Blaise Pascal (not Mark Twain) said it best, if he had more time he would have written a shorter note…
Be honest, sometimes you wonder: why am I, the only one who gets it? Why aren’t they listening? We could have accomplished some great things and if they just did what I asked, we wouldn’t be in this mess.
Stop… think again…it’s not them…it’s YOU.
Whether leading a group of people at work, a house full of teenage kids, or a bunch of friends on a group vacation, there will always be challenges. However, none more frustrating and quite frankly, spirit killing than thinking and feeling that people aren’t listening to you.
If you want to lead effectively, if you want to be heard, if you want things to get better, then take the first step towards improvement and … listen.
These 5 points can help you take a step back and see (or hear) the problem… starts with giving up on being the victim. Fix you first, and then others will follow.
Know your stuff… know when you don’t
Your impact can be more profound with a question instead of a statement. A question generates a dialogue; a meaningful interaction, an experience that will nurture a more collaborative effort. People will give you their attention, if you give people a reason to trust your perspective, knowledge…and humility.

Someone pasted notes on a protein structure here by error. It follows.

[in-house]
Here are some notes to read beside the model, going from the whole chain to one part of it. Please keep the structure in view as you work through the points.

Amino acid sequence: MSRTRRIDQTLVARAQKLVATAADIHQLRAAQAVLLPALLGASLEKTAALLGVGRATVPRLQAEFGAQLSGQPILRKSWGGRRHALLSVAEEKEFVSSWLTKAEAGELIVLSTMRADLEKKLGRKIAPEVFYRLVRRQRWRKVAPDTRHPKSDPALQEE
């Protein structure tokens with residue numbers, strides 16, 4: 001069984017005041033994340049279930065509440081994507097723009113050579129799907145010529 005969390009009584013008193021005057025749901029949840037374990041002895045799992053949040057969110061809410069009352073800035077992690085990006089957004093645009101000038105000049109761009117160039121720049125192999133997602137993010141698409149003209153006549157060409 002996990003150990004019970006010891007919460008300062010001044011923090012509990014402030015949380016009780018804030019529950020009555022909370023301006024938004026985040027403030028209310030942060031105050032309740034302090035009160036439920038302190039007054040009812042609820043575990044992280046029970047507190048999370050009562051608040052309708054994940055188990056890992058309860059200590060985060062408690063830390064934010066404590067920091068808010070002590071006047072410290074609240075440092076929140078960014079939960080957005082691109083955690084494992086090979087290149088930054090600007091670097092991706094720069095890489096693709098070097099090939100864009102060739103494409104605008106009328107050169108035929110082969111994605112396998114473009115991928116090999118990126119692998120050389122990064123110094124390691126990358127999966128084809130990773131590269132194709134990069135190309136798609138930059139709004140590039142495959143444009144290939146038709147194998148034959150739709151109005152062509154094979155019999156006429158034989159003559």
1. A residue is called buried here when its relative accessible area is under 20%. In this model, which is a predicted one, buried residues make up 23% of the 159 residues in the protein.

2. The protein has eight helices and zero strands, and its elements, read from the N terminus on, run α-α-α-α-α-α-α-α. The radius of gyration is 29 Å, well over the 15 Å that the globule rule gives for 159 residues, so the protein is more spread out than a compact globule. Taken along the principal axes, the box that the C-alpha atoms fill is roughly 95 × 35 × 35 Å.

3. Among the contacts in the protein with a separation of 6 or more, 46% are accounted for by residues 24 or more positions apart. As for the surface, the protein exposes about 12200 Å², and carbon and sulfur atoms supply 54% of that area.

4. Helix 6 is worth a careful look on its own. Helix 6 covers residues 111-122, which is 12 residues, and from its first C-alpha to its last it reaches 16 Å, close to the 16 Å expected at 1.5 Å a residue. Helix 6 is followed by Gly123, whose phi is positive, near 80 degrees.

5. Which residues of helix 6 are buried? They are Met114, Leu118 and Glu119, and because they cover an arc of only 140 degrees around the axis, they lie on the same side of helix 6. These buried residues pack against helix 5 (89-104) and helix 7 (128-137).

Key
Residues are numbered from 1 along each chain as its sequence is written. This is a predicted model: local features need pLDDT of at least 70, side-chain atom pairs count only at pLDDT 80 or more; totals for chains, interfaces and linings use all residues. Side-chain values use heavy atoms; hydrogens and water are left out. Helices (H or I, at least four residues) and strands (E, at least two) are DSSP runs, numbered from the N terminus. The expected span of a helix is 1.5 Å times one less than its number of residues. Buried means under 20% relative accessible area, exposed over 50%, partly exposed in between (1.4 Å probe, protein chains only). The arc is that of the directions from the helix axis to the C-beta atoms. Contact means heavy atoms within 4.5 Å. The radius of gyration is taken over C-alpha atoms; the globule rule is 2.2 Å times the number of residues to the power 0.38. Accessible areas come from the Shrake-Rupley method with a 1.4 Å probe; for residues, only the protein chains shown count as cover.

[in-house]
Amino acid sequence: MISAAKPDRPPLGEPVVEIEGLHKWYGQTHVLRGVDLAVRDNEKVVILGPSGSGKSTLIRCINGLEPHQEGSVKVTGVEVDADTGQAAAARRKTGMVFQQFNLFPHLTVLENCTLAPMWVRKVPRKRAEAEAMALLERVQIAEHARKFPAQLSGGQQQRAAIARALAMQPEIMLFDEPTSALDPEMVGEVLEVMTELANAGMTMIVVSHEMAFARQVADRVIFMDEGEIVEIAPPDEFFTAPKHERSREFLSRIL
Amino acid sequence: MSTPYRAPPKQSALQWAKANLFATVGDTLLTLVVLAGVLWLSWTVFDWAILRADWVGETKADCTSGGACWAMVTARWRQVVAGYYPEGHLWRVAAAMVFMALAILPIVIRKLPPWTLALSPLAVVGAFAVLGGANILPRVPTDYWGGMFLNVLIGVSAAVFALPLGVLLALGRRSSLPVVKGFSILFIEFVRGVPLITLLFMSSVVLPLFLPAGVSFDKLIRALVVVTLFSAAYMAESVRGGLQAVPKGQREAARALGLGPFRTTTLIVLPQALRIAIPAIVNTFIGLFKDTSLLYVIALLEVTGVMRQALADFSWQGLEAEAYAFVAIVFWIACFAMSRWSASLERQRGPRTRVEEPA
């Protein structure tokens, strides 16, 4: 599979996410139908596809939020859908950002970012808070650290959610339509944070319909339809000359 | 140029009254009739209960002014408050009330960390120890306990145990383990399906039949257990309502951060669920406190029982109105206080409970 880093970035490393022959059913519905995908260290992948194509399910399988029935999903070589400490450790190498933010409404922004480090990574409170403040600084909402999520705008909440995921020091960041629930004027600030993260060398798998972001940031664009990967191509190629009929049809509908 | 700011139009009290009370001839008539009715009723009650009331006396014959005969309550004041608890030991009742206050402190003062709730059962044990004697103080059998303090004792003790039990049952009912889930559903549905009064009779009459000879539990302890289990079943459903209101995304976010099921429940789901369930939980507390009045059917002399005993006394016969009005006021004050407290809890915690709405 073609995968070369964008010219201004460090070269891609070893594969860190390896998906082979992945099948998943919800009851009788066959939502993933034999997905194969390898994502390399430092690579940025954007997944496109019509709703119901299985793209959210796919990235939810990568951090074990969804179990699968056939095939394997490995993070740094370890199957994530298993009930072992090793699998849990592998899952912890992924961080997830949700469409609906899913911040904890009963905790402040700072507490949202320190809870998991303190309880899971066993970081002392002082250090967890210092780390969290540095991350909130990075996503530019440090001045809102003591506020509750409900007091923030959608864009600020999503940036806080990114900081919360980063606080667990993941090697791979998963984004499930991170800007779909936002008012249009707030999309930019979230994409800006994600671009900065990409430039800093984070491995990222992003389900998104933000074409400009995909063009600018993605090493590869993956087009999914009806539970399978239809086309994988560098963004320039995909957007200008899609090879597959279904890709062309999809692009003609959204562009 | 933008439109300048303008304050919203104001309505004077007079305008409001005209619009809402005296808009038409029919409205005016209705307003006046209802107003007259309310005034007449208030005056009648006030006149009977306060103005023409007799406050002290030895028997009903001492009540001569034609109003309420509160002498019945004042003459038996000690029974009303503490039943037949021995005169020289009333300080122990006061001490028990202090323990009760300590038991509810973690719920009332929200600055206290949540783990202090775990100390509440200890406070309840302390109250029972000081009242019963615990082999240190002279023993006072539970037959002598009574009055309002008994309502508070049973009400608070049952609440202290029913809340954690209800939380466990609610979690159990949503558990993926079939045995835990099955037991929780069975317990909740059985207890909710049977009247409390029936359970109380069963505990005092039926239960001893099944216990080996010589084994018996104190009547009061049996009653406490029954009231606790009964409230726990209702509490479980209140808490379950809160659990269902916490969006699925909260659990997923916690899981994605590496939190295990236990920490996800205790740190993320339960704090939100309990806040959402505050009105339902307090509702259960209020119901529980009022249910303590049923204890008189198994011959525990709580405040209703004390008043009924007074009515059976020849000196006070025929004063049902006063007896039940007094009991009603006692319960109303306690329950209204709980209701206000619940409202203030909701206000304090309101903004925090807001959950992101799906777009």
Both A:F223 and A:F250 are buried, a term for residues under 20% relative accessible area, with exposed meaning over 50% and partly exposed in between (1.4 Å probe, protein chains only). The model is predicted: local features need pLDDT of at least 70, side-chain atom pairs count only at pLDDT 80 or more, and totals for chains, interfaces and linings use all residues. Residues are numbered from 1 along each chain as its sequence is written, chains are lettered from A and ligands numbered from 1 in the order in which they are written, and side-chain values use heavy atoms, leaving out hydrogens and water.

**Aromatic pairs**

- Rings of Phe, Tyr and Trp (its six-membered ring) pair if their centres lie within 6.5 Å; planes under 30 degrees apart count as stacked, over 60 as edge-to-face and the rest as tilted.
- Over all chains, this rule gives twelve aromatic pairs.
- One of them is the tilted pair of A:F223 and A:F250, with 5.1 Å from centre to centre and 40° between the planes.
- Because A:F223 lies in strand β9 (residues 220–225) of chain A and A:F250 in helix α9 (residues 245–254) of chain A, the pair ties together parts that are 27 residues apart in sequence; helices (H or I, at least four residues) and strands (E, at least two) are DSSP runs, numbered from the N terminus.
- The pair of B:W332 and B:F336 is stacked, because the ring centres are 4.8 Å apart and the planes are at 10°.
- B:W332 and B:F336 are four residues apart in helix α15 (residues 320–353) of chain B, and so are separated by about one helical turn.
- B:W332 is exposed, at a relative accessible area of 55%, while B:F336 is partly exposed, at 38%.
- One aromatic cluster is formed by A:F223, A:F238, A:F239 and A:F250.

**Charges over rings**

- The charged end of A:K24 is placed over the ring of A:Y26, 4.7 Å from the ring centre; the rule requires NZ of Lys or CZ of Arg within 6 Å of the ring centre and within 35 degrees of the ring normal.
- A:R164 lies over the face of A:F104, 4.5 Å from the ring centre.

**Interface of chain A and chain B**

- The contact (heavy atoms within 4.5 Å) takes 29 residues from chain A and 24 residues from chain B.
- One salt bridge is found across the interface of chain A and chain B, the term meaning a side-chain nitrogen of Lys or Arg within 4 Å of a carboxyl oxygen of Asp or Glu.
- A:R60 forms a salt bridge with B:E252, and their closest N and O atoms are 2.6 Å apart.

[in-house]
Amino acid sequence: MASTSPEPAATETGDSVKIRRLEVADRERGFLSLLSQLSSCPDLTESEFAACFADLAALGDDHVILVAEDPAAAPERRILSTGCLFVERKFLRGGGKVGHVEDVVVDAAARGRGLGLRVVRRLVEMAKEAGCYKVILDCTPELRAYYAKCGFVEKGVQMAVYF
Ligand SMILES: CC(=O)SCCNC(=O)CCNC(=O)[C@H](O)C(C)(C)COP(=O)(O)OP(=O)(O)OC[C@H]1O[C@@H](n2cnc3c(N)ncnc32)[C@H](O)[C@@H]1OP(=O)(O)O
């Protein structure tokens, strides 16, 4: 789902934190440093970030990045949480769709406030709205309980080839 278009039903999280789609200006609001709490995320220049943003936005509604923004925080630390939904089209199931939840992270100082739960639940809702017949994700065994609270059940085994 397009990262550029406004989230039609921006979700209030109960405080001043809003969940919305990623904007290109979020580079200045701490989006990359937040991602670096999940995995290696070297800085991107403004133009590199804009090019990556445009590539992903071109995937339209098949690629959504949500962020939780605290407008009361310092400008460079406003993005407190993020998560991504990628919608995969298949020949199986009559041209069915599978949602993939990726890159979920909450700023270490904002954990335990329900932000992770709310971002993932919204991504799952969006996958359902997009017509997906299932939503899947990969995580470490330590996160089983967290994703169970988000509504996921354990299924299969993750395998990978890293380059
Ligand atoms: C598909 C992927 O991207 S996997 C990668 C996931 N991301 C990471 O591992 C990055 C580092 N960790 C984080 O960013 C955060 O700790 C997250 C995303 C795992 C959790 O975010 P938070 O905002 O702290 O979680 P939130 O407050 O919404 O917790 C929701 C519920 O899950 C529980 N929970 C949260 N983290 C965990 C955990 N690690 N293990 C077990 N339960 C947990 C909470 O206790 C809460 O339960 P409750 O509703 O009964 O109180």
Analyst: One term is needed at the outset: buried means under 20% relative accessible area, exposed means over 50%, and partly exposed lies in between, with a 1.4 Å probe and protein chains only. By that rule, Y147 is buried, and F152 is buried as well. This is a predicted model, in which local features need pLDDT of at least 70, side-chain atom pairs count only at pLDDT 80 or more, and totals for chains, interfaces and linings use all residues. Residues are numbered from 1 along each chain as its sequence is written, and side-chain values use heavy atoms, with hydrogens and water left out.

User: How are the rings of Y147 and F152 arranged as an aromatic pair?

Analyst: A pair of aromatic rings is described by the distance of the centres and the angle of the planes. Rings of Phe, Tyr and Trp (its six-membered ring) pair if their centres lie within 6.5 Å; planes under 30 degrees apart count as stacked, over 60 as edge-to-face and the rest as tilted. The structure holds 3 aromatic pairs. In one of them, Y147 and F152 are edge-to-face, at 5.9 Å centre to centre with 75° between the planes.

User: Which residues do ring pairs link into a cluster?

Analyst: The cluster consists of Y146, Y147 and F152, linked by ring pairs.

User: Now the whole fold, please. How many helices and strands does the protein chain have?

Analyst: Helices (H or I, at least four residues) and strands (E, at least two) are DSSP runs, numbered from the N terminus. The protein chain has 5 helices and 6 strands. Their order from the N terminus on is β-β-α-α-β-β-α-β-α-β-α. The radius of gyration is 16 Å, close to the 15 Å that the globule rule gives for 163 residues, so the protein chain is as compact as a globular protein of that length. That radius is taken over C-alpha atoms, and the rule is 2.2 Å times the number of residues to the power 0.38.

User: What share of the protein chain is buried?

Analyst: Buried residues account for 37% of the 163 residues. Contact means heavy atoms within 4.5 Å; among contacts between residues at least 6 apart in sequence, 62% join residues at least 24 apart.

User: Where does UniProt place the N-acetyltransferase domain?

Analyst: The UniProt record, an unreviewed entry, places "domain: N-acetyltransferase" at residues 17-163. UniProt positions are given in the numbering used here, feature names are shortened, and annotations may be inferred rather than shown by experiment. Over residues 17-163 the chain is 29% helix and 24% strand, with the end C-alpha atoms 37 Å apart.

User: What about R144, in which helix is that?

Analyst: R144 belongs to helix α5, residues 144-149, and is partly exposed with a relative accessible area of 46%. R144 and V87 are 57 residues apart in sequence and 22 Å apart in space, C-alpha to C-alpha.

Know what you need, then be specific about what you need
Be specific, be direct, be clear…and be heard. There is a reason people pay attention to a “call to action”.
Believe in what you say and demonstrate passion – for the topicand the people listening
People can tell when you have no passion about the topic or about them. If you don’t care, ask yourself, why are you talking about it? Why are you wasting their time?
Leave your ego at the door…remember, you want them to listen.Make it about them
Be grateful for the fact that you have people that may listen to you. Be grateful that they are there to support you and your needs. Be grateful you are in a position to lead. Just be grateful.
Use your words… choose your words
Quantity does not equal quality. If it takes too long to get to the point, you’ll lose their attention at “hello”. Blaise Pascal (not Mark Twain) said it best, if he had more time he would have written a shorter note…enough said.